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Crypto Pay is trending in South Korea

South Korea cryptocurrency

Crypto Pay is trending in South Korea

South Korean retail chains are embracing crypto- and blockchain-powered payment platforms – and so are their customers, according to new industry data.

There has been a 136.6% rise in the number of crypto- and blockchain-powered pay transactions over the course of the past 12 months at CU (STORE), one of the nation’s biggest convenience store chains. However, the report did not provide any other numbers.

In either case, CU, which is operated by the BGF Retail business group, accepts a number of crypto-related payment options, including Danal’s Paycoin platform and Chai’s Chai Pay.

Paycoin makes use of an eponymous token – paycoin (PCI) – that trades on platforms such as Coinbase. Users make real-time exchanges via an app, and can also trade coins for bitcoin (BTC), or make purchases using bitcoin.

Danal has scored a massive hit with its app and token, and just days ago struck a partnership deal with Tom n Toms, one of South Korea’s biggest coffee store chains.

It also has pay deals in place with a number of other retail giants, including the Tom n Toms rivals Ediya Coffee and Hollys, as well as international chains like Burger King and Domino’s Pizza. The takeout and delivery chicken giant BBQ is also a recently added partner, as is the cinema chain CGV.

Per a press release circulated to journalists late last month, Danal is now eyeing global market expansion and says it currently enables BTC pay at 100,000 merchants in South Korea. The firm added that it is planning to expand its operability to encompass protocols such as Ethereum (ETH) and ICON (ICX).

A recent deal with Samchully Motors, a South Korean BMW dealership, will also allow app users to buy luxury cars using crypto.

Last year, Chai received a USD 60m investment injection from the likes of SoftBank.

But CU’s crypto involvement goes deeper than just its Danal and Chai partnerships – the chain also allows its customers to swap their loyalty points for milk (MLK) tokens. MLK was listed by the market-leading crypto exchange Upbit earlier this year, and is also listed at the rival exchange Bithumb.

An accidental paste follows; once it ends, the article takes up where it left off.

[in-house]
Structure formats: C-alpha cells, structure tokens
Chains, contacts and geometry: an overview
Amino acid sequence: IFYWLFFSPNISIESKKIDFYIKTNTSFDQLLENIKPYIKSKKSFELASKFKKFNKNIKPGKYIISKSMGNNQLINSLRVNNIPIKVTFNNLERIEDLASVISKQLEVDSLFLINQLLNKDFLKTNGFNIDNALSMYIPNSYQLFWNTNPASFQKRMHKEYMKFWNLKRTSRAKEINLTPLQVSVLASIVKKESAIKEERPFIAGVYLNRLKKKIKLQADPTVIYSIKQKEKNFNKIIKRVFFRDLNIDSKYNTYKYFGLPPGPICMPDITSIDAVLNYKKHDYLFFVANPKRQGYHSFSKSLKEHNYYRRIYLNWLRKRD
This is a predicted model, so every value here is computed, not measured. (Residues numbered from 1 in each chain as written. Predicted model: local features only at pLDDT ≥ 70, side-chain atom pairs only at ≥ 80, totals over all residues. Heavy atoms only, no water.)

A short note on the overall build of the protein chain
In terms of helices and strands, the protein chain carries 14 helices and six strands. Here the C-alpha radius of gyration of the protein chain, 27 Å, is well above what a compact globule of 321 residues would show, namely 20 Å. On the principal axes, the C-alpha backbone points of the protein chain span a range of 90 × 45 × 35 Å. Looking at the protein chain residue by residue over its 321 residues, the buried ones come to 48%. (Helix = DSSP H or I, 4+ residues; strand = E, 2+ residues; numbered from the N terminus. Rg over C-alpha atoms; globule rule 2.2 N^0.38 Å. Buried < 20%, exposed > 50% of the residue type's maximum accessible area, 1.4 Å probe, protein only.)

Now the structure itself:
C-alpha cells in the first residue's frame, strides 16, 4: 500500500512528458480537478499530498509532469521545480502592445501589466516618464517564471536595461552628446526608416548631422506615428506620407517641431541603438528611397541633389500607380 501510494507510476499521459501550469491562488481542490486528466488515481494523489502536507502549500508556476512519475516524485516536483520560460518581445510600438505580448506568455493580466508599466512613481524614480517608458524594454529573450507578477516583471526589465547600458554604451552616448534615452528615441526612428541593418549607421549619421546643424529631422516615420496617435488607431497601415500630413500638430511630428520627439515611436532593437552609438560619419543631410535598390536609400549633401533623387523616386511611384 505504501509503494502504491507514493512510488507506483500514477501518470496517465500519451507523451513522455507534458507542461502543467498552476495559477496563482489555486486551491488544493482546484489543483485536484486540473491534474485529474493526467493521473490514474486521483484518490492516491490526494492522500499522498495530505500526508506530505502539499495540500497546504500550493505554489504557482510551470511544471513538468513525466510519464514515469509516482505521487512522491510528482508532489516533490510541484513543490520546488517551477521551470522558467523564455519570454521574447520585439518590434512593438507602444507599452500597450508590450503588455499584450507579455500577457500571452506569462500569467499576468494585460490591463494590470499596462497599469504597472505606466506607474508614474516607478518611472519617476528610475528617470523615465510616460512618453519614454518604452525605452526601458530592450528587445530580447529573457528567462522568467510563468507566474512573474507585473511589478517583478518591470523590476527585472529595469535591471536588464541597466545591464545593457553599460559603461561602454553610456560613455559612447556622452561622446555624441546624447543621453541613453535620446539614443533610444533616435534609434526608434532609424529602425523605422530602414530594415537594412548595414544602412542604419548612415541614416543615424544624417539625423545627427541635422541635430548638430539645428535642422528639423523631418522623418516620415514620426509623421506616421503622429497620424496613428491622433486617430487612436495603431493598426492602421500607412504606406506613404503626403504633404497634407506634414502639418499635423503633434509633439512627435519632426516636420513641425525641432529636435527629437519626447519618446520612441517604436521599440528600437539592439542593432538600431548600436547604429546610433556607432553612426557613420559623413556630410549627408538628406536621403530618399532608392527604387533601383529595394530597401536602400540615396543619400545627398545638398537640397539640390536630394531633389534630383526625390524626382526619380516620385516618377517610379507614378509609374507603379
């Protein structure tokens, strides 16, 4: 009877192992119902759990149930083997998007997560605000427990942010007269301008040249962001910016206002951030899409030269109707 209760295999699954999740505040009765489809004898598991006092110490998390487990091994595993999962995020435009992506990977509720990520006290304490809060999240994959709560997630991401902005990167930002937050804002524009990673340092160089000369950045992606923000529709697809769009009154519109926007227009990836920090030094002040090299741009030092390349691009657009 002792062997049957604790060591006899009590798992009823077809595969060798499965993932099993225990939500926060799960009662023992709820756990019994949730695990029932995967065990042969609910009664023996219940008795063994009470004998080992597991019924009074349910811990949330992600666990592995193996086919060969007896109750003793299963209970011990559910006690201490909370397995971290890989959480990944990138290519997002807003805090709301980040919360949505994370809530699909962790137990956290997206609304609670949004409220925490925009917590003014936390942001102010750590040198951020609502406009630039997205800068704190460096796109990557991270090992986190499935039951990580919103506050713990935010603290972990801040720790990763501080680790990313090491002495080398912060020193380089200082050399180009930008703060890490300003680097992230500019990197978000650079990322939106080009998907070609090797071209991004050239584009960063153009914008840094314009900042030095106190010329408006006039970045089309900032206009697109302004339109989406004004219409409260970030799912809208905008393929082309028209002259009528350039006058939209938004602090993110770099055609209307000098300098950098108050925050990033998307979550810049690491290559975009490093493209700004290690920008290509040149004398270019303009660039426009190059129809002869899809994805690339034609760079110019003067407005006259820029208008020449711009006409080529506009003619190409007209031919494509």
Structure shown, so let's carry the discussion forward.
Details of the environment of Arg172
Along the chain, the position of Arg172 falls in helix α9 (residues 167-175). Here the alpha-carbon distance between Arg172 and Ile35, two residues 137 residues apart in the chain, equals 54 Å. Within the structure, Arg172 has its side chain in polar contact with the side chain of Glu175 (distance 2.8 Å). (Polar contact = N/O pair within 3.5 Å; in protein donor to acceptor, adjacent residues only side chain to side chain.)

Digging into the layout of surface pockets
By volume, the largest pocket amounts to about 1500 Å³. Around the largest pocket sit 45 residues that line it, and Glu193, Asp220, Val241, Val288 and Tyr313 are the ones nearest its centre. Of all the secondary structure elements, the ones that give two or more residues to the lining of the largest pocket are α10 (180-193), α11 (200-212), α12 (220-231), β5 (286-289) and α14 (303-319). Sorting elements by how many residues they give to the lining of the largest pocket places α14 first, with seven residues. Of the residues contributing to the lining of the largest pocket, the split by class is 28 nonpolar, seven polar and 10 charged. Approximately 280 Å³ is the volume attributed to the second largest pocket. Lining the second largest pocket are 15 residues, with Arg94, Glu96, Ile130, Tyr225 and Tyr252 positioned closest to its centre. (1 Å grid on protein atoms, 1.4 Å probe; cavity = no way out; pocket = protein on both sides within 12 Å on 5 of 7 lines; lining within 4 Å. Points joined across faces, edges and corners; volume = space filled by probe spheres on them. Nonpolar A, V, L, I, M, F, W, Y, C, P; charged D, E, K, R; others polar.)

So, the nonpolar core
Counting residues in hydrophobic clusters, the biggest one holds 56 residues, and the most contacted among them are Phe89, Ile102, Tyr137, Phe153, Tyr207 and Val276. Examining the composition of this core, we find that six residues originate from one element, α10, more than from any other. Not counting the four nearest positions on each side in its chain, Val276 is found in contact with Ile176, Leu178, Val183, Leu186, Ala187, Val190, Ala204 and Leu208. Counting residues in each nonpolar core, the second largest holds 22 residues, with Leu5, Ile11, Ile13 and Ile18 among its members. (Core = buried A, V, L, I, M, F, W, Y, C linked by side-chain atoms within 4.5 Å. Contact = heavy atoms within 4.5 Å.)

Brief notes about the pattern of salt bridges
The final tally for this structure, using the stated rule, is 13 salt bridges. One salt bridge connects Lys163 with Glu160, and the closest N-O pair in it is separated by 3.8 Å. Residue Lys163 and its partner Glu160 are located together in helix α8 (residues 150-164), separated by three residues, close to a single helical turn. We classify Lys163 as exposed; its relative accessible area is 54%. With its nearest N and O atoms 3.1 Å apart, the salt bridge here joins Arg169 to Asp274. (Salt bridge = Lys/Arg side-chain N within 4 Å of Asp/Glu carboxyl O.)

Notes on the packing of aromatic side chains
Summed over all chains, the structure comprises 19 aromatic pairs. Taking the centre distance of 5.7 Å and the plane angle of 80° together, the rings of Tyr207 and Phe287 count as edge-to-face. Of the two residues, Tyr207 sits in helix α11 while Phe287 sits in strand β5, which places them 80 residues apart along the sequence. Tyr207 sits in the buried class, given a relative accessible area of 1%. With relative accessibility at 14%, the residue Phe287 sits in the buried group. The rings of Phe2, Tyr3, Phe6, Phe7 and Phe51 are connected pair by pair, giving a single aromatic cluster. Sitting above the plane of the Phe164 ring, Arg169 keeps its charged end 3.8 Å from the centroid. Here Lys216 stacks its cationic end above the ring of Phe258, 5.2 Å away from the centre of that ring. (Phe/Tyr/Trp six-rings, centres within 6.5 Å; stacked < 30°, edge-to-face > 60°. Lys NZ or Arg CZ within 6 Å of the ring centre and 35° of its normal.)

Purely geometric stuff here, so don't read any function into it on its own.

As reported in September, South Korea’s crypto industry may have suffered a body blow over the weekend, with a slew of exchanges and wallet providers closing or suspending business operations: a tough regulatory deadline turned a once-thriving sector into a tiny “oligopoly.” But the story is very different in the world of blockchain-based pay and fiat KRW-pegged stablecoins.

The Korea Minting and Security Printing Corporation (KOMSCO) is a firm that until relatively recently made its money from cash: the company prints banknotes and mints coins for the treasury.

But in recent years, it has moved away from paper and notes, and deeper into the fast-growing world of local stablecoins. Working in conjunction with city and provincial authorities around the nation, KOMSCO has rolled out scores of local stablecoins and blockchain-powered paperless gift certificates.

Many authorities used these programs to send the equivalent of coronavirus pandemic-mitigating stimulus checks to local residents – in a drive to steer people away from monolithic e-commerce platforms and back toward local businesses. Seoul has also been on a “cashless” and “contact-free” drive, a factor that has helped KOMSCO boost its range of stablecoin offerings.

Last year, the company posted record profits, went on a hiring drive and announced plans to pay its staff a portion of their salaries in stablecoins.

Now the firm appears ready to make another push forward into the world of cash-free, blockchain-powered payments. Per the Choongchung Times, the KOMSCO’s own blockchain-powered gift certificate platform, Chak, rolled out in 37 cities and counties nationwide last year, after launching in 2019. But by the end of this year, the platform will have rolled out in an additional 70 cities and counties across South Korea.

Caution needed in future regulatory moves

However, investor caution is still necessary as regulatory moves haven’t yet formed in most countries surrounding this still burgeoning crypto market. While established financial institutions have begun to accept cryptocurrencies as a part of their investment portfolios and a part of their business models, governments haven’t yet come up with a clear direction in the industry, still remaining undecided whether to see it as innovation or speculation.

The future of Bitcoin as well as other cryptocurrencies are hugely dependent on how major countries’ regulatory systems will be finalized.

Despite the government’s sluggish moves in the digital asset area, the local crypto market is exploding at an immense speed. The total amount of transactions at four local major crypto exchanges during the first two months of this year stood at 440 trillion won, already far exceeding 350 trillion won, the entire transactional amount of last year.